Several members of the Dorchester community this week warned UMass-Boston officials that the debate over building student dorms on the Columbia Point campus isnâ€™t over.
â€œIt isnâ€™t a dead issue,â€ said Savin Hill resident Cathleen McDermott. â€œItâ€™s not a done deal.â€
But Otile McManus, who works for real estate developer Corcoran Jennison, quickly added that not everybody in Dorchester opposes on-campus housing.
The comments came at a Monday night meeting where UMass officials sought to update community members on the universityâ€™s 25-year plan to expand.
Opponents of dorms argue that housing students will bring on the same troubles that other neighborhoods in Boston face, such as loud parties and carousing, and are a diversion from the universityâ€™s mission of serving commuter students.
Ellen Oâ€™Connor, the universityâ€™s vice chancellor for administration and finance said dorms remain between seven to nine years off. Officials added that with 2,000 beds planned â€“ and 15,000 students expected, the university will remain a commuter-based campus.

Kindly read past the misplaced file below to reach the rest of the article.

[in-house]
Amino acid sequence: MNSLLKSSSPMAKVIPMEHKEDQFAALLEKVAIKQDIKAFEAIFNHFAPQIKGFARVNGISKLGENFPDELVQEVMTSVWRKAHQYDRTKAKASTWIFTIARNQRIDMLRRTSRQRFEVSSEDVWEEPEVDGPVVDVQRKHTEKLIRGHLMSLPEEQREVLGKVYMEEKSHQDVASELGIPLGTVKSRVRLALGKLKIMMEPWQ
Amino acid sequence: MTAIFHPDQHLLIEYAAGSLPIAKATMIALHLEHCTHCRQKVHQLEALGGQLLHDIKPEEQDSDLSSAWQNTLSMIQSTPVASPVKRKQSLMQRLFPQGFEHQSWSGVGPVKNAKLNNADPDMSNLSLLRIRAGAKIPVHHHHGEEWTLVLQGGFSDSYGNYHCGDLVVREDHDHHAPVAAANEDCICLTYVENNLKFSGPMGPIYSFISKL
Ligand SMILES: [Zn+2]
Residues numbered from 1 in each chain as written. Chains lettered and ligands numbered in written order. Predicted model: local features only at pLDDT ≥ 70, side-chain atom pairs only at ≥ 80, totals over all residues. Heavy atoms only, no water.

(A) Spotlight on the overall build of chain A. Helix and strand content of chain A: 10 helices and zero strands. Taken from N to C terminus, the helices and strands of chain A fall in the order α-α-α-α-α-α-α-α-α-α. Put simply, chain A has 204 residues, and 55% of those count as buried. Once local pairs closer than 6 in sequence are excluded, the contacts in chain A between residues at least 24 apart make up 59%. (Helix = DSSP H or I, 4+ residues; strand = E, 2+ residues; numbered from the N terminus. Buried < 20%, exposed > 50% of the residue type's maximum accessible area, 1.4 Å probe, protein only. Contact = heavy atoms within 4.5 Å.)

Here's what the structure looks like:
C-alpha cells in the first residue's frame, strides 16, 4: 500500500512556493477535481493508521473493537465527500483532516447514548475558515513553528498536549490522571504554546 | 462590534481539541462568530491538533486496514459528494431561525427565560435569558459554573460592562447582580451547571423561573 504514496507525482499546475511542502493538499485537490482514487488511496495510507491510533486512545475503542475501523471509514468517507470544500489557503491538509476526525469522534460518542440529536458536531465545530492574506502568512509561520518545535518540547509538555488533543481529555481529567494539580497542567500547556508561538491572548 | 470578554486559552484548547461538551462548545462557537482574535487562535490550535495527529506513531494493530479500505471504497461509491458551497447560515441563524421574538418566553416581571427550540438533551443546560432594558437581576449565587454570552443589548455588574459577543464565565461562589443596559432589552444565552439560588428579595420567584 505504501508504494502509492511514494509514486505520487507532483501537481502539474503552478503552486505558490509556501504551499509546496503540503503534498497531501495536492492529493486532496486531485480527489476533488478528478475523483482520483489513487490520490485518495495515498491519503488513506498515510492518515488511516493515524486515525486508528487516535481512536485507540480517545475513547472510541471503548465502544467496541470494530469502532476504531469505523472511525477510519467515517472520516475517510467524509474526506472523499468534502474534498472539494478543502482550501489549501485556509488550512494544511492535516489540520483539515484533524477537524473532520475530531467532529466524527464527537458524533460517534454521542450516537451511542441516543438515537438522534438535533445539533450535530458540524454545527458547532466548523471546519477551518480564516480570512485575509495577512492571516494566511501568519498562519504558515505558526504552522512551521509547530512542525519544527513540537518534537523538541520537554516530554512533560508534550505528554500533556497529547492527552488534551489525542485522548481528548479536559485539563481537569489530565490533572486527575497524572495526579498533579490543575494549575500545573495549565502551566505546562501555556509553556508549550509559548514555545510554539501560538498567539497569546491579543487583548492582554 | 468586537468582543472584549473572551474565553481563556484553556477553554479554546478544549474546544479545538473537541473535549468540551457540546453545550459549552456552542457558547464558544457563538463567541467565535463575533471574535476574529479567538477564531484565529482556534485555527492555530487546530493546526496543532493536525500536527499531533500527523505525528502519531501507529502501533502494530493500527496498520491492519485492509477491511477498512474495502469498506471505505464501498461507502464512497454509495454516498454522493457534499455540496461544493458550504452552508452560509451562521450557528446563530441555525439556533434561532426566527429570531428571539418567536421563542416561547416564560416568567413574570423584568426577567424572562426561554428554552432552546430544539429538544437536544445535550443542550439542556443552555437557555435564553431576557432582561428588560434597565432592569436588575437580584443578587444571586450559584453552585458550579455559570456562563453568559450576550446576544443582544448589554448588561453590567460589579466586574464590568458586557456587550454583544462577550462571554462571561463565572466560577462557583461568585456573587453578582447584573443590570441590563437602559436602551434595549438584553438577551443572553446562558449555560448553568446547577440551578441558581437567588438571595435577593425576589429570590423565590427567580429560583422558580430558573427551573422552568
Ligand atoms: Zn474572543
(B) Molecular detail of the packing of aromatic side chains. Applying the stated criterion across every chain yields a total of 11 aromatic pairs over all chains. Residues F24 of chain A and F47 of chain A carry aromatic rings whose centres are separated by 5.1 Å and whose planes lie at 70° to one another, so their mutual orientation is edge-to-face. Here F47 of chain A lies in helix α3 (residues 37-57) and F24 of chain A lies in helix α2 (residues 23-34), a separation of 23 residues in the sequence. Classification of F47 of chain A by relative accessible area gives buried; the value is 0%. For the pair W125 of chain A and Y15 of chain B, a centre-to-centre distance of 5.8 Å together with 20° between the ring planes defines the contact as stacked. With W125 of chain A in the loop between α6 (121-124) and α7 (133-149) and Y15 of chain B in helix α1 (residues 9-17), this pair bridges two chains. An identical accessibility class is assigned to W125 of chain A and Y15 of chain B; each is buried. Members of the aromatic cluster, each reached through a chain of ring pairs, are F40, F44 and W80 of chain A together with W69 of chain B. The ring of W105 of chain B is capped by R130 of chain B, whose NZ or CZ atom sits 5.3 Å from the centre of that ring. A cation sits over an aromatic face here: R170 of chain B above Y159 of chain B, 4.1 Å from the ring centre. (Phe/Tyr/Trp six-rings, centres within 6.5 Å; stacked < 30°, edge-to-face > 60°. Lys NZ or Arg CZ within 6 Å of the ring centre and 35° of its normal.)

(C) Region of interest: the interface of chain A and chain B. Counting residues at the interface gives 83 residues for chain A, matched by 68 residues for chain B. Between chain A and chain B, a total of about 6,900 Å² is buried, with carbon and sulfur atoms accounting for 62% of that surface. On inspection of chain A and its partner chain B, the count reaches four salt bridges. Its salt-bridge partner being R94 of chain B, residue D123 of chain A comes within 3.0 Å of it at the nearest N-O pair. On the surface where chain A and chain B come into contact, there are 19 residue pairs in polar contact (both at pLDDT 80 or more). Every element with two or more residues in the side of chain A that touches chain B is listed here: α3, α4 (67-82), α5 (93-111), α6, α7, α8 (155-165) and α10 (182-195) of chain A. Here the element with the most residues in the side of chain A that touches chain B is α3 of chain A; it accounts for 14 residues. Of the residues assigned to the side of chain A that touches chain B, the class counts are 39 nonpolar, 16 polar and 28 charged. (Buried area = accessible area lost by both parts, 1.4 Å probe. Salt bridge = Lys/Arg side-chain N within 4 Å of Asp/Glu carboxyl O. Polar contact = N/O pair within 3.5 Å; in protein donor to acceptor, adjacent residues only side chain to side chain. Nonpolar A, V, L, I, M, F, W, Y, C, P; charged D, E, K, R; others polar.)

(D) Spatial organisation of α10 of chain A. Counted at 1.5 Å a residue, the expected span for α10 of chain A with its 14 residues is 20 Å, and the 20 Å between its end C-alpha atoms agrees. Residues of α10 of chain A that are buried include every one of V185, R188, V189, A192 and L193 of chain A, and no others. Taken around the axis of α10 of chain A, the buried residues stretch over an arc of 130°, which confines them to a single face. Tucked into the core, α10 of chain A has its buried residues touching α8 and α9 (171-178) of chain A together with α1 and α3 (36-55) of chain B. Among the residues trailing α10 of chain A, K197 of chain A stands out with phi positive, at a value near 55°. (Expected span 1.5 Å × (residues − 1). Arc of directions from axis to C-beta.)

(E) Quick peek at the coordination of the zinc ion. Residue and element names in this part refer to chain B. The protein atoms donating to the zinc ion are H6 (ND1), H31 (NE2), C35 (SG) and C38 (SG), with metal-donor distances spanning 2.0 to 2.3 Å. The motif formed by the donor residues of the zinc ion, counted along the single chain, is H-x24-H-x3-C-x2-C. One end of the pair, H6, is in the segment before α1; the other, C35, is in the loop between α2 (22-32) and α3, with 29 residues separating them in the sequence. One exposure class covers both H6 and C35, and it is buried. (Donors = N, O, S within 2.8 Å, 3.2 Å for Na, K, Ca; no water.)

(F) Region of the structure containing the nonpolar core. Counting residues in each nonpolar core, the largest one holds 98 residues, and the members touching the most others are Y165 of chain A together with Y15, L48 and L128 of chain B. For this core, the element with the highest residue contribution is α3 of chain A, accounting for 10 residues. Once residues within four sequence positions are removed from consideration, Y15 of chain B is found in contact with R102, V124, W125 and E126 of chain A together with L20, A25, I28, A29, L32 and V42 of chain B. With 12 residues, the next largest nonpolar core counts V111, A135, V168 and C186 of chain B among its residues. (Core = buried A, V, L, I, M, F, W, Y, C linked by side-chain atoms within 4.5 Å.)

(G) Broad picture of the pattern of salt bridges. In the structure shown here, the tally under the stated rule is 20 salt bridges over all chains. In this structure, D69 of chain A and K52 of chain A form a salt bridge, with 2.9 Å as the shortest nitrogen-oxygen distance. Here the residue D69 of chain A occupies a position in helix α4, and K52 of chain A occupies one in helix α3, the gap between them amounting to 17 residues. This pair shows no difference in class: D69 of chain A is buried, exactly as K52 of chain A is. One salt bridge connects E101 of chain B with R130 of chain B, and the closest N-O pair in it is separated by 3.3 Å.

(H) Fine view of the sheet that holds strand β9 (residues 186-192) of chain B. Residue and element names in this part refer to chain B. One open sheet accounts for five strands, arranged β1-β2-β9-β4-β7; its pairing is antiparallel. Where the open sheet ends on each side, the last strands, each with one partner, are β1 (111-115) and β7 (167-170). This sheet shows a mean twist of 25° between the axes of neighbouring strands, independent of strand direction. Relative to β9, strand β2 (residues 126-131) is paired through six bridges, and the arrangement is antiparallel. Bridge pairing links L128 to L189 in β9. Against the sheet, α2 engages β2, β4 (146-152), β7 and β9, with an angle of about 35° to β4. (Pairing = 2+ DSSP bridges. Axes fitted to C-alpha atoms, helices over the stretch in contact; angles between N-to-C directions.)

The Reporter last month obtained documents showing UMass-Boston and Corcoran Jennison attempting to set up student dorms at the companyâ€™s new luxury apartment complex, but the proposal ultimately fell through, never moving past the preliminary stage. UMass officials say they continue to keep their options open on student housing opportunities.